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The Kitchen Knives Buying Guide

The complete guide to kitchen knivesOne look through the knife bag of any professional chef can leave your head reeling. With so many different types and styles of these vital kitchen tools to choose from, how do you know which ones you really need to bring your favorite recipes to life?

As it turns out, there is no one clear answer to this question. Why not? Because just as each cook’s needs are different, so too their knife needs will be different, and will depend entirely on their own unique habits and preferences. To help you get started on cultivating a knife collection of your own, we’ve put together this handy resource on all things knives. Happy shopping!

The Most Important Tool in Your Kitchen

If you think that amassing a diverse collection of knives is merely a luxury, think again. Choosing the right knife will help you achieve optimal results in the kitchen.

Whether you’re looking to save time, achieve a particular texture, or prevent injuries and promote kitchen safety, selecting the correct knife is an important part of food prep. Using the wrong knife can damage the food product as well as the user. Most professional chefs would agree that quality knives are the most important kitchen tools.

Buying a knife is only part of the process. Learning how to use each knife in your collection is equally important. Most professional chefs take years to hone their skills and become comfortable performing all kinds of kitchen tasks. As with nearly everything in life: practice makes perfect.

Knife Shopping 101: Top 10 Knives

1. The Chef’s Knife

Chef's knifeIf there was a "Most Valuable Player" of kitchen knives, most professional chefs would easily agree that it is the chef’s knife. Also called a "cook’s knife," this incredibly versatile, all-purpose knife has a wide blade and relatively long length, making it a go-to for chefs looking to maximize productivity without sacrificing quality. Chef’s knife blades come in a variety of sizes, starting with 6 inches and spanning all the way to 14 inches, however 8 inches is the standard length.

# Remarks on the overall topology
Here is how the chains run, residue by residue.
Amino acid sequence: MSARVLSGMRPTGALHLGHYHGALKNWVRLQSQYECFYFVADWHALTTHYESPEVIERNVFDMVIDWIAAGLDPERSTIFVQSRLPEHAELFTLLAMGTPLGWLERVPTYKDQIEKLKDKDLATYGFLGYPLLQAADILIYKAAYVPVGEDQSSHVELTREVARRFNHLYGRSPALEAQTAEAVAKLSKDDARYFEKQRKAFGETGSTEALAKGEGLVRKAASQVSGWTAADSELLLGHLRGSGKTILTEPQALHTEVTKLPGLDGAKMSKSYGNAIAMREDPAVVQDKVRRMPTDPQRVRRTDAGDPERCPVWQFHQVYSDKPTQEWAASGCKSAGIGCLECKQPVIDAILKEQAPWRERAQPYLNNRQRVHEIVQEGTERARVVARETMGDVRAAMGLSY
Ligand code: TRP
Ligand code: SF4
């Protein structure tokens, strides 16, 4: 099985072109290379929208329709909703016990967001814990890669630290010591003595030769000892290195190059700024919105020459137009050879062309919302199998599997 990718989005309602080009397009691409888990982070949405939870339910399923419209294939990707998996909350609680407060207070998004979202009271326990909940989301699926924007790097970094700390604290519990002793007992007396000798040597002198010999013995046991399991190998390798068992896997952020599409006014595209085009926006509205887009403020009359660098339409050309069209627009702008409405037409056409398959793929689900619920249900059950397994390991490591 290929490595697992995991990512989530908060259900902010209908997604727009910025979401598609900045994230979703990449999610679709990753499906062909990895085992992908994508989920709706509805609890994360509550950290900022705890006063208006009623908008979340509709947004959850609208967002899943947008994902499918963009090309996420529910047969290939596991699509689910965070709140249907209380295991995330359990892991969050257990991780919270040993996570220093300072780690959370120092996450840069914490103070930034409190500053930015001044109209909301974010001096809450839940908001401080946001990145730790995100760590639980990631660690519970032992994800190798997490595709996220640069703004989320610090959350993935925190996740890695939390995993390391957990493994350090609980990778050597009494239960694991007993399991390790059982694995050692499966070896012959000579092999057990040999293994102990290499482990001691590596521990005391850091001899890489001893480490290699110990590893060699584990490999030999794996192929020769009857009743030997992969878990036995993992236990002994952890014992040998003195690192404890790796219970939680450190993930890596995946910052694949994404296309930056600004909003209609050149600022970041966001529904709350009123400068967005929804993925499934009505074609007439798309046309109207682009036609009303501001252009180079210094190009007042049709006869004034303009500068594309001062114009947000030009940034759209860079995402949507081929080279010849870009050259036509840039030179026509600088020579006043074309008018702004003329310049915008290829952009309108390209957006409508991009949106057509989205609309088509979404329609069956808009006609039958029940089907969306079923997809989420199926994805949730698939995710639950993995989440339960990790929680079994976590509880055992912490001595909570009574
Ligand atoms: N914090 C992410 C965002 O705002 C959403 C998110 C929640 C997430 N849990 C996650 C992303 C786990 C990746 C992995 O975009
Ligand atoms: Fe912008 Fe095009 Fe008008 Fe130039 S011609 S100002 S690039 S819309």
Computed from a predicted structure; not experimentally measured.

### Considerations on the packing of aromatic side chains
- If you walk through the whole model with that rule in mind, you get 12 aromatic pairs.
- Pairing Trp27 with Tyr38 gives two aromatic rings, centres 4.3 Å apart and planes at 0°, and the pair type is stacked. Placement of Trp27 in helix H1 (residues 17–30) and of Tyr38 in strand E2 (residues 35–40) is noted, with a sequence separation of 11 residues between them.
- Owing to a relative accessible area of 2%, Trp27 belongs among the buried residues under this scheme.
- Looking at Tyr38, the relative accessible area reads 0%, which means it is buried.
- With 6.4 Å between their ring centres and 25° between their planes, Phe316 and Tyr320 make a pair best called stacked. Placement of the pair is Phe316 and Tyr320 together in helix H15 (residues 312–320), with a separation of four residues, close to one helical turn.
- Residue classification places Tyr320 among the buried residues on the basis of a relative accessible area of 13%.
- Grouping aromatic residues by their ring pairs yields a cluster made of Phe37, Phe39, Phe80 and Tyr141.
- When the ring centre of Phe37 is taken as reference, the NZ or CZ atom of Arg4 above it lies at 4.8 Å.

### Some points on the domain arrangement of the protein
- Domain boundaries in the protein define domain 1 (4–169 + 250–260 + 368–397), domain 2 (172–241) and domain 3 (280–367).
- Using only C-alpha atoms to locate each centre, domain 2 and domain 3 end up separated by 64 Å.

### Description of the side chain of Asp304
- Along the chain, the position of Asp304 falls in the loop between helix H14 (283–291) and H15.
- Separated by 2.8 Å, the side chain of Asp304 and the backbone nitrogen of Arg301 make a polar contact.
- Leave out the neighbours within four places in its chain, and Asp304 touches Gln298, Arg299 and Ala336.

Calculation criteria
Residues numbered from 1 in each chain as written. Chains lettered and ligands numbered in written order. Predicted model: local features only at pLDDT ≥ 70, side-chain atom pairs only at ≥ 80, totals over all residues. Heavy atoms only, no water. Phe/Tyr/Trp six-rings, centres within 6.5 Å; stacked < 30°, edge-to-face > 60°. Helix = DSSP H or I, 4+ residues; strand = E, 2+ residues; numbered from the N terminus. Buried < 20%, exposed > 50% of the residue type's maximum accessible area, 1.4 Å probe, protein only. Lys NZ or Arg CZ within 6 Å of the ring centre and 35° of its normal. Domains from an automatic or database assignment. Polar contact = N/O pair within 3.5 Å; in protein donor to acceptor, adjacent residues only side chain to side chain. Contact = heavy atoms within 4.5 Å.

So what can you do with a chef’s knife? The more appropriate question might be, what can’t you do? Originally designed to slice and disjoint large cuts of beef, the chef’s knife is handy for a wide range of tasks, from the most delicate to the toughest. Perfect for slicing, dicing, mincing, trimming, chopping and carving, it can easily manage all of these tasks and more. An important thing to keep in mind is that chef’s knives are the workhorse in the kitchen, so they will require proper and frequent sharpening for best performance.

If you’re just beginning to build your knife collection, or if you have a small budget, the chef’s knife is the best way to spend your savings.

2. The Utility Knife

Utility knifeDesigned for cutting fruits and vegetables, or cutting poultry, a utility knife allows for more precise cutting than a chef's knife. With a size somewhere between a paring knife and a chef's knife, at anywhere from 5 to 7 inches, and a thinner blade, a utility knife is the perfect size for maneuvering through narrow food cavities.

Utility knives are available with either plain or serrated edges. A serrated utility knife is your best bet for cutting everything, from crusty bread to a perfectly ripe peach. In fact, thanks to its surprisingly delicate touch, the serrated utility knife is a stand-out among kitchen knives for its capacity to cleanly slice through tough outer edges without destroying a food’s more fragile insides.

3. The Bread Knife

Bread knifeAvailable in a wide range of blade sizes from 7 to 10 inches, with either straight or curved edges, bread knives are perfect when slicing -- not chopping -- is the task you need to perform.  A gentle sawing motion allows this knife’s serrated edge to grip and cut through crusty bread without mangling the softer innards.

4. The Paring Knife

 Paring knifeFor many chef's. a paring knife is the go-to knife when a chef's knife is too large. Thanks to its lightweight, compact size and unbeatable maneuverability, chefs turn to paring knives for everything from peeling fruit to filleting fish  Paring knives feature short, yet powerful blades that make them ideal for cutting hard-to-reach places or for tackling tasks where precision is key. Paring knives are categorized by their different blades such as the curved blade, bird's beak and serrated blade, each serving it's own purpose in the kitchen.